1NancyLebovitz8yWelcome to Less Wrong! I'm interested in your idea that quantum theory doesn't have to be interpreted.

It's actually the first time I read it. I would be very happy to say that the situation improved over there, but that might not be true in general. Unfortunately, the way I see it is the completely opposite. The situation became worse everywhere else. Apparently, science education all around the world is becoming more distant of what Feynman would like. Someone once told me that "Science is not about knowledge anymore, it's about production". Feynman's description of his experience seems to be all about that. I refuse to believe in that, but as the world embraces this philosophy, science education becomes less and less related to really thinking about any subject.

1Risto_Saarelma8yAt least nowadays, unlike in 1950s Brazil, Feynman's stuff is a Google search away for just about any undergraduate student. Now they just need to somehow figure out they might want to search for him...

Hi everyone,

I'm currently caught up on HPMOR, and I've read many of the sequences, so I figured it was time to introduce myself here.

I'm a 24 year old Cognitive Psychology graduate student. I was raised as a fairly conservative Christian who attempted to avoid any arguments that would seriously challenge my belief structure. When I was in undergrad, I took an intro to philosophy course which helped me realize that I needed to fully examine all of my beliefs. This helped me to move toward becoming a theistic evolutionist and finally an atheist. Now I strive... (read more)

Hi everyone!

I'm 19 years old and a rising sophomore at an American university. I first came across Less Wrong five months ago, when one of my friends posted the "Twelve Virtues of Rationality" on facebook. I thought little of it, but soon afterward, when reading Leah Libresco's blog on atheism (she's since converted to catholicism), I saw a reference to Less Wrong, and figured I would check it out. I've been reading the Sequences sporadically for a few months, and just got up to date on HPMOR, so I thought I would join the community and perhaps b... (read more)

1Zaine8yAre you referring to Humean rationalists? Before Hume used empiricism to show how by mere empiricism one can never certainly identify the cause of an effect, empirical thought was lauded by Cartesian rationalists. Hume's objection to an overreliance on empiricism also (partially) helped galvanize the Romantic movement, bringing an end to the Enlightenment. Future individuals throughout history who considered themselves rationalists were of the Cartesian tradition, not 'all is uncertain' Humean rationalism (see Albert from Goethe's The Sufferings of Young Werther for one example). Those who embraced Hume's insight, though it should be mentioned that Hume himself thought that fully embracing same would be quite foolish, did not call themselves rationalists, but were divers members of myriad movements across history. Hume's point remained an open problem until it was later considered solved by Einstein's theory of special relativity. Welcome, by the way.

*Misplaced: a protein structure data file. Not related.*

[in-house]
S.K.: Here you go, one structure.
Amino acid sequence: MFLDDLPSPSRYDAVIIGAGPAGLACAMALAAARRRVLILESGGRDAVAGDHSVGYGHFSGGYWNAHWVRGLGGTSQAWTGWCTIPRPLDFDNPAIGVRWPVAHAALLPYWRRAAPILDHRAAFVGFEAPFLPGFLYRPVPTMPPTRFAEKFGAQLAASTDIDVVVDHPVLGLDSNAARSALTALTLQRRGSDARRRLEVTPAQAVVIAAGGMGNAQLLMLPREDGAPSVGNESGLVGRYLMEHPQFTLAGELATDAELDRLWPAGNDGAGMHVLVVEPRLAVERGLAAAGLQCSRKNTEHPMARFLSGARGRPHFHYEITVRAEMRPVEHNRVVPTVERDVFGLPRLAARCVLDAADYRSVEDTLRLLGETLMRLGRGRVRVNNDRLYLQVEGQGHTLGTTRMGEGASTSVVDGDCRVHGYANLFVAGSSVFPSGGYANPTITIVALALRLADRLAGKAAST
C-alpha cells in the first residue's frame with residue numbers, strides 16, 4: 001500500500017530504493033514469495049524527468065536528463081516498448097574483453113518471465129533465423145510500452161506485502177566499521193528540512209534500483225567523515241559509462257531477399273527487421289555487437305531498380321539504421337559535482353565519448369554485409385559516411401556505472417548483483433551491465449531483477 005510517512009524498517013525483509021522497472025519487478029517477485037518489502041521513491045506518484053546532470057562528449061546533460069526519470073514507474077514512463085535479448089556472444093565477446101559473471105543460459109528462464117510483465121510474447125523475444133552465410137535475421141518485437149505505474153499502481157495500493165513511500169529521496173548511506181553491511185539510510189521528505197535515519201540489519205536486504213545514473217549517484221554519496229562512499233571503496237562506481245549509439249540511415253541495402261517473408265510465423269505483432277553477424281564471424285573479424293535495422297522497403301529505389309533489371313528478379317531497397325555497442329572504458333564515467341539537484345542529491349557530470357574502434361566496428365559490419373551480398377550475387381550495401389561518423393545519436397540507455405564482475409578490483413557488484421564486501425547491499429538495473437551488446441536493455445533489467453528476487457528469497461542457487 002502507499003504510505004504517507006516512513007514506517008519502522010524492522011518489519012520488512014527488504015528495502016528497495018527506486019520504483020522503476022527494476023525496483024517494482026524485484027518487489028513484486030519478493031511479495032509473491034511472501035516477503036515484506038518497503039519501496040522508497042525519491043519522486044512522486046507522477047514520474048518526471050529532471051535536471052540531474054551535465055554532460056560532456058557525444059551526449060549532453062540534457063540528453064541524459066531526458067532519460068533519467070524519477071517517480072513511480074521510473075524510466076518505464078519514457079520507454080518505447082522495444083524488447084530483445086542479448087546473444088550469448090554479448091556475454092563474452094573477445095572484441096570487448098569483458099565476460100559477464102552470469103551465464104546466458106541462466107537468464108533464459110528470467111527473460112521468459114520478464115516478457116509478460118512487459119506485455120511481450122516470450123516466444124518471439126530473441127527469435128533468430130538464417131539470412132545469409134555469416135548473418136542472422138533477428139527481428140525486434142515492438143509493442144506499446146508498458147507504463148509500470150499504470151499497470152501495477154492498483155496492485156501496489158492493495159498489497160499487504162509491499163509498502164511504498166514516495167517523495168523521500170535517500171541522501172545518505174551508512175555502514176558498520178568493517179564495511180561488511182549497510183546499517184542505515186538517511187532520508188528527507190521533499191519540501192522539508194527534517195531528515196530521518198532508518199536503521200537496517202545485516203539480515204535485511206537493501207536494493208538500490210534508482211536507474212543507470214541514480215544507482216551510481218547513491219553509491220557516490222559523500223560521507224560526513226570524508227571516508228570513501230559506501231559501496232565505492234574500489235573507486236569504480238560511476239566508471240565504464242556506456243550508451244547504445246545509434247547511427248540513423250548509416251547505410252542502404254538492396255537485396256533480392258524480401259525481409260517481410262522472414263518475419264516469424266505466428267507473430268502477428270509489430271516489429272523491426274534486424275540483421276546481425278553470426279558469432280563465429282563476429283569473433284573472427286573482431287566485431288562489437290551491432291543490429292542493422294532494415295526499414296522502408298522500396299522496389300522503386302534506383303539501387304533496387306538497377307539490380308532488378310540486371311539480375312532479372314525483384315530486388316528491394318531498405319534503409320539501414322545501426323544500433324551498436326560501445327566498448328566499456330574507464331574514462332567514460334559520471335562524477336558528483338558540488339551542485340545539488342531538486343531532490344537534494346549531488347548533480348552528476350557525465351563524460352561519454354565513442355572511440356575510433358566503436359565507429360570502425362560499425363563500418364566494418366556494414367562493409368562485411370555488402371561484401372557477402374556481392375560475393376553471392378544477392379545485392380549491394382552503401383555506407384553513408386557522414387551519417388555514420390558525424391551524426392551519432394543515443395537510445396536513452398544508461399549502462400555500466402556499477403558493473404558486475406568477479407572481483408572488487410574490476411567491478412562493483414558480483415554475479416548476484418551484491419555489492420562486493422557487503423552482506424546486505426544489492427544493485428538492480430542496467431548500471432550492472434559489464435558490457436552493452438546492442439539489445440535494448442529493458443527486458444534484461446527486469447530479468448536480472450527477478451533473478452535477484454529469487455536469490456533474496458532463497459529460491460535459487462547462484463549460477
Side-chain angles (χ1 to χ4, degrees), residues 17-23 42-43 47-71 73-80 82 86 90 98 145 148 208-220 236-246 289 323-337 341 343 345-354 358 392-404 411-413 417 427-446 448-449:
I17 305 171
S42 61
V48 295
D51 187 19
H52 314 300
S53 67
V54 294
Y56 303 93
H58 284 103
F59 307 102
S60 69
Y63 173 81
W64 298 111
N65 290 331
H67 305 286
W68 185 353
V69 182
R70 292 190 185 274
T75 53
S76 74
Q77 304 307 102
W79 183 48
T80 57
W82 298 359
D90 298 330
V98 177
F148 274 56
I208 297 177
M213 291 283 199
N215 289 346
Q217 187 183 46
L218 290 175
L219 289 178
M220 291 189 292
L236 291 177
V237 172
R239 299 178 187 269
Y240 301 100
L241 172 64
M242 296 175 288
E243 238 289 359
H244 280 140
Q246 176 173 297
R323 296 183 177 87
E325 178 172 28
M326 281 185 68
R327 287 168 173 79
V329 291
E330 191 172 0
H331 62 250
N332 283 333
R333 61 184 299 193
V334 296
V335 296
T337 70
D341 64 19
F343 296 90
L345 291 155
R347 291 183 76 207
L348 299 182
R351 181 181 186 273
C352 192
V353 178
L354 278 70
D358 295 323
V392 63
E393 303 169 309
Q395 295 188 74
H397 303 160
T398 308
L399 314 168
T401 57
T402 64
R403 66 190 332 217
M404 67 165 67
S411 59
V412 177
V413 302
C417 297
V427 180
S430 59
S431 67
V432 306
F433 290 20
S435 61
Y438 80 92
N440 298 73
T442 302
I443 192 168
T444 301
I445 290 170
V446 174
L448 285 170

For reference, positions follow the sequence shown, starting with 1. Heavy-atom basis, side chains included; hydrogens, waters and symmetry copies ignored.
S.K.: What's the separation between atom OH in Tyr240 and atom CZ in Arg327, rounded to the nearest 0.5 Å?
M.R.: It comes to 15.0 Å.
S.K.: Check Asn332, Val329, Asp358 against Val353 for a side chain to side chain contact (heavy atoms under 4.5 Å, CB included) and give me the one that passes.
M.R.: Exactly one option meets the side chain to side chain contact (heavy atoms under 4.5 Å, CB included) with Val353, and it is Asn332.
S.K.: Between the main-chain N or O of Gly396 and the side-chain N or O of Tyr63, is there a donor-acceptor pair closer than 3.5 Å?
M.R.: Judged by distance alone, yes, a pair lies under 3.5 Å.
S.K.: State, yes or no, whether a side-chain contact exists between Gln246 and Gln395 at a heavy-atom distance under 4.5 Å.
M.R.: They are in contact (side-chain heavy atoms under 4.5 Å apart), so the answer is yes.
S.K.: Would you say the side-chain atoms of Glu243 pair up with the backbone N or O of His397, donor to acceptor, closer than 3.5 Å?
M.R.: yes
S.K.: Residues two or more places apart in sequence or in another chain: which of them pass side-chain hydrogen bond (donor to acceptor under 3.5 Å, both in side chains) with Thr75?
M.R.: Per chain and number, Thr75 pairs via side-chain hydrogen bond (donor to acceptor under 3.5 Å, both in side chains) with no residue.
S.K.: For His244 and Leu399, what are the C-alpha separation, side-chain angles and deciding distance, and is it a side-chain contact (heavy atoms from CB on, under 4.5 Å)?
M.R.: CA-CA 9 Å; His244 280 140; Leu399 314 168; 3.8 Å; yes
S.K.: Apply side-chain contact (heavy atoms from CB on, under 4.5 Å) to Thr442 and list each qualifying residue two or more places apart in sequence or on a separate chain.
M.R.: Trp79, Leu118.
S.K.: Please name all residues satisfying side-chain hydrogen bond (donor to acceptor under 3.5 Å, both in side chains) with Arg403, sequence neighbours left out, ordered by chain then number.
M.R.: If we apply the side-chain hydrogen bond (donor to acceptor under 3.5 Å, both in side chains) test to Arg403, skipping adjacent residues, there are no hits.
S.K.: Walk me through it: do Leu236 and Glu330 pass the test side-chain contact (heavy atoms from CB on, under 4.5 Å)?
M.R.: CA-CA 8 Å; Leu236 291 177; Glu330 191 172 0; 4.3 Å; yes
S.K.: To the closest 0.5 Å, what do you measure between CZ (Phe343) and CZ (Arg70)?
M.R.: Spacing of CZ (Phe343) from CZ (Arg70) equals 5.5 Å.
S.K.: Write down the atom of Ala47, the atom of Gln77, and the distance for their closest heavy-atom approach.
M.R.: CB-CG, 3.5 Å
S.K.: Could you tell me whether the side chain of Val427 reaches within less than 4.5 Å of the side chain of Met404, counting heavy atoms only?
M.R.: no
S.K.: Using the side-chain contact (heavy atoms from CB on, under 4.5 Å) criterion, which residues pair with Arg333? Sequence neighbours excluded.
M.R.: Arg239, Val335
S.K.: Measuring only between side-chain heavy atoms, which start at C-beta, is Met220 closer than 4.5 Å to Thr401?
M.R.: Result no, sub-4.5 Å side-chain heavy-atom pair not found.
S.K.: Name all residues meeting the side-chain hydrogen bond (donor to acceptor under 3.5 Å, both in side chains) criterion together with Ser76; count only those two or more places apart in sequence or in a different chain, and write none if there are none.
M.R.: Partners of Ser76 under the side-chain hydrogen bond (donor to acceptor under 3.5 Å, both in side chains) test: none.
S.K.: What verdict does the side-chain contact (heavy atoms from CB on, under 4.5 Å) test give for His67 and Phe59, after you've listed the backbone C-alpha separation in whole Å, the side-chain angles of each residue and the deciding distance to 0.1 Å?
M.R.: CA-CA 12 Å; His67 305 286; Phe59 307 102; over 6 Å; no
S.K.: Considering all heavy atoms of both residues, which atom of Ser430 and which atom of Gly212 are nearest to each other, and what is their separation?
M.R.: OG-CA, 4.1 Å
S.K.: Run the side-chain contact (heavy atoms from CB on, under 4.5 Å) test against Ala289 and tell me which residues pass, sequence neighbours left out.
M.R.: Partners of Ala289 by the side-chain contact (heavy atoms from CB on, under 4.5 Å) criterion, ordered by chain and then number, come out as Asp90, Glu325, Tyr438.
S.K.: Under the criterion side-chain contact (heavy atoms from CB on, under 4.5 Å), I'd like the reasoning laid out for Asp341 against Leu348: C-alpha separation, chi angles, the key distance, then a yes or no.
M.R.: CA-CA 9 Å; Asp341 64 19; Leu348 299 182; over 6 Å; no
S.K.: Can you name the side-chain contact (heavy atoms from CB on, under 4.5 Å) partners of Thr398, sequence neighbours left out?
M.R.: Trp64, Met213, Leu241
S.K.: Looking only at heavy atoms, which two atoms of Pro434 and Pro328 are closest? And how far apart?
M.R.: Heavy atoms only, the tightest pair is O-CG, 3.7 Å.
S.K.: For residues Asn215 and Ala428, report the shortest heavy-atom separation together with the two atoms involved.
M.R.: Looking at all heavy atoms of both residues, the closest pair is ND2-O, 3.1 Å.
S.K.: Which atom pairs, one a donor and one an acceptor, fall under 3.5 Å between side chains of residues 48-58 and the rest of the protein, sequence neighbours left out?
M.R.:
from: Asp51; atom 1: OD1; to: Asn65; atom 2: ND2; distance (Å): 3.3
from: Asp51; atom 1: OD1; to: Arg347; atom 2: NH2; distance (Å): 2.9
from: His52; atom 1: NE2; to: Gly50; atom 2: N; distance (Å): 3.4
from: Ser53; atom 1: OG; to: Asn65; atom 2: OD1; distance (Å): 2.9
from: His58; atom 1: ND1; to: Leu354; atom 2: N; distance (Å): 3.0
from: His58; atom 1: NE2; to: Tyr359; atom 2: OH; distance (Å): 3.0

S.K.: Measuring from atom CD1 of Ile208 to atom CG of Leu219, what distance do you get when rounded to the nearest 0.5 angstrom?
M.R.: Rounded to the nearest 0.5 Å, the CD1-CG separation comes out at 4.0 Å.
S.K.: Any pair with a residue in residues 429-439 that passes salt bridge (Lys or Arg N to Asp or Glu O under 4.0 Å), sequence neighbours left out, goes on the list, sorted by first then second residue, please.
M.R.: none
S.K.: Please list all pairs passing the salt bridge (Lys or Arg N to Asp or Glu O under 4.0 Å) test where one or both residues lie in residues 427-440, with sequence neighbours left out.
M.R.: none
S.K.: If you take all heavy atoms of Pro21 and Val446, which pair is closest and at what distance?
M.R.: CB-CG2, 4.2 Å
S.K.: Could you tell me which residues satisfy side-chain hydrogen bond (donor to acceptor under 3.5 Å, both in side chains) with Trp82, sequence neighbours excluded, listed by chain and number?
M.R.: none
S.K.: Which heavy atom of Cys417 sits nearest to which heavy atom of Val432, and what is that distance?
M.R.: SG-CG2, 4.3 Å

3[anonymous]8yThe notion of Cause and Effect was captured mathematically, statistically and succinctly by Judea Pearl, empiricism is defined by Bayes Theorem.
3[anonymous]8yWhat?
1sakranut8yI was referring to the dispute in the 17th and 18th centuries with Hume, Berkeley, and Locke on the empiricist side, and Descartes, Leibnitz, and Spinoza, on the rationalist Side, as described in this [http://www2.warwick.ac.uk/fac/soc/philosophy/people/faculty/longworth/keyideasrationalismempiricism.pdf] paper. Out of curiosity, what is the connection between atoms and causality?

Hello, I'm a 21 year old undergraduate student studying Economics and a bit of math on the side. I found LessWrong through HPMOR, and recently started working on the sequences. I've always been torn between an interest in pure rational thinking, and an almost purely emotional / empathetic desire for altruism, and this conflict is becoming more and more significant as I weigh options moving forward out of Undergrad (Peace Corp? Developmental Economics?)... I'm fond of ellipses, Science Fiction novels and board games - I'll keep my interests to a minimum her... (read more)

4Kawoomba8yThose are not at all at odds. Read e.g. Why Spock is Not Rational [http://intelligenceexplosion.com/2011/why-spock-is-not-rational/], or Feeling Rational [http://lesswrong.com/lw/hp/feeling_rational/]. Relevant excerpts from both: and Your purely emotion / empathetic desire for altruism governs setting your goals, your pure rational thinking governs how you go about reaching your goals. You're allowed to be emotionally suckered, eh, influenced into doing your best (instrumental rationality) to do good in the world (for your values of 'good')!
2PhDre8yThank you for the reading suggestions! Perhaps my mind has already packaged Spock / lack of emotion into my understanding of the concept of 'Rationality.' To respond directly - Though if pure emotion / altruism sets my goals, the possibility of irrational / insignificant goals remains, no? If for example, I only follow pure emotion's path to... say... becoming an advocate for a community through politics, there is no 'check' on the rationality of pursuing a political career to achieve the most good (which again, is a goal that requires rational analysis)? In HPMoR, characters are accused of being 'ambitious with no ambition' - setting my goals with empathetic desire for altruism would seem to put me in this camp. Perhaps my goal, as I work my way through the sequences and the site, is to approach rationality as a tool / learning process of its own, and see how I can apply it to my life as I go. Halfway through typing this response, I found this quote from the Twelve Virtues of Rationality: